Reducing risks of misuse and diversion
Addiction treatment experts and policy makers state that the benefits of buprenorphine treatment outweigh the potential for abuse, and that existing oversight and prescribing procedures, if followed properly, can limit buprenorphine diversion.
The Drug Addiction Treatment Act of 2000 (DATA 2000)
Patient Informed Consent and Treatment Agreements
Setting clear expectations for patients and requiring them to read and sign an informed consent and treatment agreement can be part of an effective strategy to reduce diversion and misuse of buprenorphine.
The form should define or provide examples of misuse and diversion. It should explain how buprenorphine works and the phases of treatment, along with patient responsibilities that include agreeing to take the prescription only as prescribed and to not sell, share, or give the medication to another person.
The informed consent and treatment agreement should also require the patient to:
- Comply with required film/pill counts and urine drug screens
- Notify the agency immediately if medication is lost or stolen
- Keep the agency informed of current phone number
- Manage the prescription safely, by storing it in a locked safe
- Discuss use of other medications or opioids with the agency physician
- Notify the agency immediately in case of relapse
- Attend all treatment sessions
See sample agreement from the Addiction Resource Center at Mid Coast Hospital in Maine.
Treatment Show Rates
Patients who fail to show for required intensive outpatient therapy sessions may be misusing or diverting their medication. Inform patients that their medication will be discontinued if they fail to appear for therapy sessions.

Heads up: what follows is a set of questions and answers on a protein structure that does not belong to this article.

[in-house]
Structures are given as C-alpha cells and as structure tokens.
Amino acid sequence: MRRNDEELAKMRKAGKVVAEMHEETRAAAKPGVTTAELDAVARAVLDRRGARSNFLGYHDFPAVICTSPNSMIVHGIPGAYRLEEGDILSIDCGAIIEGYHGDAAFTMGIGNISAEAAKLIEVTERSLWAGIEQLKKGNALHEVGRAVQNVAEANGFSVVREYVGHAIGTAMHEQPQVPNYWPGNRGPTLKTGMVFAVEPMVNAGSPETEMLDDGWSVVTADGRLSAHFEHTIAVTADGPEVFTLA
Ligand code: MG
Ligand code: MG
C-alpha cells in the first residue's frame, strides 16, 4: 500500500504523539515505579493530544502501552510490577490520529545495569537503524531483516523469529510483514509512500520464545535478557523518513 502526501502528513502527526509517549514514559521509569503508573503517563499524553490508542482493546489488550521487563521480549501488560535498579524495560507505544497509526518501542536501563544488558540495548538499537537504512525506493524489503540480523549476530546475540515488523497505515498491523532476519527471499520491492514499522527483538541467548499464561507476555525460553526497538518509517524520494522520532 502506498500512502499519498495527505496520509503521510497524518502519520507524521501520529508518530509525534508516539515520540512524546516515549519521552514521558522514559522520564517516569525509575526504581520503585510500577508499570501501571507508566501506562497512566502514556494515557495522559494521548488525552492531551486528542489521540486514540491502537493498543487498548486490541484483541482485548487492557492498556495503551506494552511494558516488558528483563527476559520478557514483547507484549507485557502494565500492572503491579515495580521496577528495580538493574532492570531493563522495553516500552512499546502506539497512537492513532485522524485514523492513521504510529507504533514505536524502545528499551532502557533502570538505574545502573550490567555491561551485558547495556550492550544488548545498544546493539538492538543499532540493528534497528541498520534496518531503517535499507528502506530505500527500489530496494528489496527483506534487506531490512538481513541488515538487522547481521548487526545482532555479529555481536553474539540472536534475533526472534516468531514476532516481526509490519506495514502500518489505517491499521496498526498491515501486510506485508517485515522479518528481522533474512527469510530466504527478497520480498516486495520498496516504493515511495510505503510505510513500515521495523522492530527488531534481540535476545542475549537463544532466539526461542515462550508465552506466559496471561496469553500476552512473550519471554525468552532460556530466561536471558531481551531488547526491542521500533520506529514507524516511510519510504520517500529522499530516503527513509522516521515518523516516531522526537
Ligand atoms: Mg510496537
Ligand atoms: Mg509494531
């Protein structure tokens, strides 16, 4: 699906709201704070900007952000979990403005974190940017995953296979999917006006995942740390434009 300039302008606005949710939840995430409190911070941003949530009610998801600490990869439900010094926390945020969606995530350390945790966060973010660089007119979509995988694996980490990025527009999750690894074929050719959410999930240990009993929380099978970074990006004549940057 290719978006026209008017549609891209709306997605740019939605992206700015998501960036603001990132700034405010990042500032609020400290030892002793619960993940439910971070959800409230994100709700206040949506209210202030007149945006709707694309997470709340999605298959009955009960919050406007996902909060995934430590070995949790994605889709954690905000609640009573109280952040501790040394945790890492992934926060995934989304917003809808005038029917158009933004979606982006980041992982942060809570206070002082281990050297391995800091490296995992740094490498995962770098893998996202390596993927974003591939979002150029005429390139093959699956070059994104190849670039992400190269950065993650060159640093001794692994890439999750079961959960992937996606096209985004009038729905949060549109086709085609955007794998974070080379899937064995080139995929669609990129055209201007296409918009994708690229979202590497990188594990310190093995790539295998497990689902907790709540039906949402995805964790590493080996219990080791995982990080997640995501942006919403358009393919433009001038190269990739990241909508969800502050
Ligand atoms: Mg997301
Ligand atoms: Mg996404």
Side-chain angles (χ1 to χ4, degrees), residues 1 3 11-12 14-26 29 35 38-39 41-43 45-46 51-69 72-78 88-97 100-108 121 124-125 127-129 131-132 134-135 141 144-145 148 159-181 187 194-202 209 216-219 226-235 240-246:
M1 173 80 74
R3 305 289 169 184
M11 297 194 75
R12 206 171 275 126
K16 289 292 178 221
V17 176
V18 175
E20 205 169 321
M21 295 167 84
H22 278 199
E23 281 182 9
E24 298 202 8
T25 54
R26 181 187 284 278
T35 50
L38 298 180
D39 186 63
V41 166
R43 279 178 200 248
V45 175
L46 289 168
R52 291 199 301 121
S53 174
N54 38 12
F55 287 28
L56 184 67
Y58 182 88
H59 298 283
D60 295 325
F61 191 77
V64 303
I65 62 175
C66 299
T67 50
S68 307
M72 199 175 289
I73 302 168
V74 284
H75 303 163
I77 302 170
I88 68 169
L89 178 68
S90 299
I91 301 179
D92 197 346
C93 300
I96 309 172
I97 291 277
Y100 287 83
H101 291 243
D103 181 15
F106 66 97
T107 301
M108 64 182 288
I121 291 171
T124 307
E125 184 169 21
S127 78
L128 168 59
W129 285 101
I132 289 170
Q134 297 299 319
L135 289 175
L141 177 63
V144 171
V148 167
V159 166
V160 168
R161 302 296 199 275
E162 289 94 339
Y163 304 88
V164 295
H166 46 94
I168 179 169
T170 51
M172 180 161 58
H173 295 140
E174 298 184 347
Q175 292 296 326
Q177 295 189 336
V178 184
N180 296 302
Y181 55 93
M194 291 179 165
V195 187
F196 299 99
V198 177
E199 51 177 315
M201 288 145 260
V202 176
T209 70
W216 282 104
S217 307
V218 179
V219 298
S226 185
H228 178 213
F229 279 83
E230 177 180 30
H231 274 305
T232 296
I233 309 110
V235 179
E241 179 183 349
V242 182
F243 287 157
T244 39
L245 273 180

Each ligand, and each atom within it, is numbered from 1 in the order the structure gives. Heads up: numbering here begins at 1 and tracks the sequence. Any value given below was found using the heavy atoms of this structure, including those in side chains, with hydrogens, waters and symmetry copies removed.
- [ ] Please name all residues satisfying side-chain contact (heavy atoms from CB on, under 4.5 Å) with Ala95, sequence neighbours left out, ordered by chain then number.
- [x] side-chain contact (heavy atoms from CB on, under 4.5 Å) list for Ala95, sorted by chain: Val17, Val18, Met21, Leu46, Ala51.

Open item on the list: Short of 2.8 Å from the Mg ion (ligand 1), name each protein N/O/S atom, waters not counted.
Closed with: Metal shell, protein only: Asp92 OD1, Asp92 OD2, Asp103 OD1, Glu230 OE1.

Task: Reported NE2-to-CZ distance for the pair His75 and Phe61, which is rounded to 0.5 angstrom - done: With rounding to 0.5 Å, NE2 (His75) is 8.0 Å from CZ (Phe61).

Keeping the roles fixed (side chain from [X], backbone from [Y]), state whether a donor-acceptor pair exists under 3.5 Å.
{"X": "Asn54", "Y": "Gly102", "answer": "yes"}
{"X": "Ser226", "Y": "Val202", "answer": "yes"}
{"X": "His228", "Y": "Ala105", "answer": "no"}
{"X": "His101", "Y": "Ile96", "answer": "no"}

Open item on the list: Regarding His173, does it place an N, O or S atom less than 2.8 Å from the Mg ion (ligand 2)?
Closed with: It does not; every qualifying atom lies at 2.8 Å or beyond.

The Addiction Resource Center (ARC) in Maine uses the following system to determine whether to continue medication after no-shows:
Requiring patients to take their medication in front of the prescribing physician or other qualified medical professional can be an effective strategy for preventing diversion or misuse.
Ask patients to bring in their prescriptions for unannounced pill or film counts. With this procedure, the treatment agency notifies a patient that they must appear at the agency with their unused medication within a specified time period. A failure to show could indicate that the patient is misusing or diverting the medication.
Random urine tests
Buprenorphine will be present in the urine of a patient who has taken the medication. It will not show in the urine of patients who are not using the medication properly. To prevent falsified urine collections, some treatment agencies have all urine tests observed by a same-sex staff member.
Prescription Drug Monitoring Programs (PDMPs)
Prescription Drug Monitoring Programs (PDMPS) collect data on prescriptions that have been prescribed and dispensed by pharmacies and dispensing practitioners. States use the data from PDMPs to support their efforts to prevent abuse and enforce safe use of prescription medications. PDMPs are currently active in 49 states.
The Prescription Drug Monitoring Program Training and Technical Assistance Center (PDMP TTAC) provides:
The case study, Keeping Patients Safe: A Case Study on Using Prescription Monitoring Program Data in an Outpatient Addictions Treatment Setting found that at one outpatient opioid addiction treatment program, “unknown to clinical medical staff, approximately 23% of patients were being prescribed significant quantitates of opiates, benzodiazepines, and other controlled substances from providers outside the clinic.”
PDMPs can be particularly useful to physicians who prescribe buprenorphine and help them identify patients who might be misusing or diverting their medication.